DogfightingFor as horrific as the Michael Vick dogfighting debacle was, it had some positive ramifications. The awareness of this bloodsport is now at an all time high and the public as well as lawmakers are demanding changes, higher penalties, stronger prosecution and harsher sentences.

One of the scariest things about dogfighting is that is goes beyond the terrible abuse and cruelty to the  dogs. Usually there are drugs, guns, vast quantities of money and gangs involved and all these ingredients add up to make an untenable situation for dogs and people alike.

More and more states and passing more laws when it comes to dogfighting. It’s now a felony in Idaho and Wyoming, finally! Virginia’s gotten tougher on dogfighting and now Georgia is following suit.

Five months after Atlanta Falcons star Michael Vick was sentenced to prison for his involvement in dog fighting, Gov. Sonny Perdue signed legislation Tuesday stiffening Georgia’s dog-fighting laws.

Georgia has had among the weakest dog-fighting laws in the country, according to the Humane Society of the United States. The new law makes it illegal to train, transport, sell or own a fighting dog. It also will be illegal to promote or advertise a fight and to attend a dog fight.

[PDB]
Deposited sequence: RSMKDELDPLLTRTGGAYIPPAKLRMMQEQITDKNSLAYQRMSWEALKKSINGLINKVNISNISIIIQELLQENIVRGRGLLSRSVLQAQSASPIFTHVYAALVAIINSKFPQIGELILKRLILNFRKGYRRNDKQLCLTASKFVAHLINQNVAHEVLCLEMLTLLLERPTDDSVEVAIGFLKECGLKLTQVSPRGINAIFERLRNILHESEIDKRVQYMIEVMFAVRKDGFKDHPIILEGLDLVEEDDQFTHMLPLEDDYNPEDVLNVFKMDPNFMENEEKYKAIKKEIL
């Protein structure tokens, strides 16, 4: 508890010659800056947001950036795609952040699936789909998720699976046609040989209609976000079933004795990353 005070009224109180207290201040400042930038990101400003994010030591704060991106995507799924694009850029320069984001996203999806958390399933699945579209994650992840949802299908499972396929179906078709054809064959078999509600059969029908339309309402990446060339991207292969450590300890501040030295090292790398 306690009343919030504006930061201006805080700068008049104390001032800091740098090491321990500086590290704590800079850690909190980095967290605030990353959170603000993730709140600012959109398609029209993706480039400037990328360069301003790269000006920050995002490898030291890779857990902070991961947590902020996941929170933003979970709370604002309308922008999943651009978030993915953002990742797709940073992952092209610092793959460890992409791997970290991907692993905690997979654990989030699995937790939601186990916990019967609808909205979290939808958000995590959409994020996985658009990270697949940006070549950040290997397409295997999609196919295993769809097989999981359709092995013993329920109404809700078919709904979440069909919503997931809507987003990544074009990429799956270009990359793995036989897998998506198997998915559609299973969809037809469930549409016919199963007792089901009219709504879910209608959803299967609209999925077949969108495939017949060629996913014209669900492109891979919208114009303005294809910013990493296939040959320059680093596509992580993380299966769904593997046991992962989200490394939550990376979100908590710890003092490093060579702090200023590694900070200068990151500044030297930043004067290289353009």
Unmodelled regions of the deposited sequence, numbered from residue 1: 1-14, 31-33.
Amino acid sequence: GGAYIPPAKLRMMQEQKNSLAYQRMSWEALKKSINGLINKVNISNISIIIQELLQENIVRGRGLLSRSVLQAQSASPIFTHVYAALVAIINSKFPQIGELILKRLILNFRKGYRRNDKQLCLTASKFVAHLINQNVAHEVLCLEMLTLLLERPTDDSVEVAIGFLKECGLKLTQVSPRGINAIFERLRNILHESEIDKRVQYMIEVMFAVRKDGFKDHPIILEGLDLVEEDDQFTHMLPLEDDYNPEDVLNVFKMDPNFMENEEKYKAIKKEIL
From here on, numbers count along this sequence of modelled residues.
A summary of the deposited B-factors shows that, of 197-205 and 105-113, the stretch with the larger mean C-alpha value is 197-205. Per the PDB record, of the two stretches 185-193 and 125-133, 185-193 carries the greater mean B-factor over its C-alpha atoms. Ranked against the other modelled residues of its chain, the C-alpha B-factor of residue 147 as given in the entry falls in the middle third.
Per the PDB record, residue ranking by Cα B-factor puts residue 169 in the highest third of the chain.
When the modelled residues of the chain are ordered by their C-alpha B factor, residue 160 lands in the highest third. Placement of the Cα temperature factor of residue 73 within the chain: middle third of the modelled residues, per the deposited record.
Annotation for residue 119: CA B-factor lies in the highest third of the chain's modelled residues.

Involvement in the dog-fighting business will be a felony, while attending a dog fight will be a high and aggravated misdemeanor on the first offense. It will be a felony on a second offense.

Perdue, a veterinarian, called dog fighting a “repulsive, senseless organized crime.

“Over the past year there has been a bright spotlight shining on a sad situation … the bloody, brutal world of dog fighting,” Perdue said. “It’s not a sport, it’s really barbarism.

“This sends a very clear message that it will not be tolerated in Georgia.”

Perdue signed the bill with a couple of K-9 police dogs looking on.

Vick pleaded guilty Aug. 27 to a federal dogfighting conspiracy charge and was sentenced Dec. 10 to 23 months in prison.

Sen. Chip Rogers (R-Woodstock), who has unsuccessfully sponsored dog-fighting legislation the past few years, said the new law would have passed during the 2008 legislative session even without the Vick case. However, Rogers added, “He certainly helped us push it over the goal line.”

Rep. Bobby Reese (R-Sugar Hill), the House sponsor of the dog-fighting legislation, said, “With the Michael Vick thing, it just educated the public. We were going to get it done this year.” (AJC)

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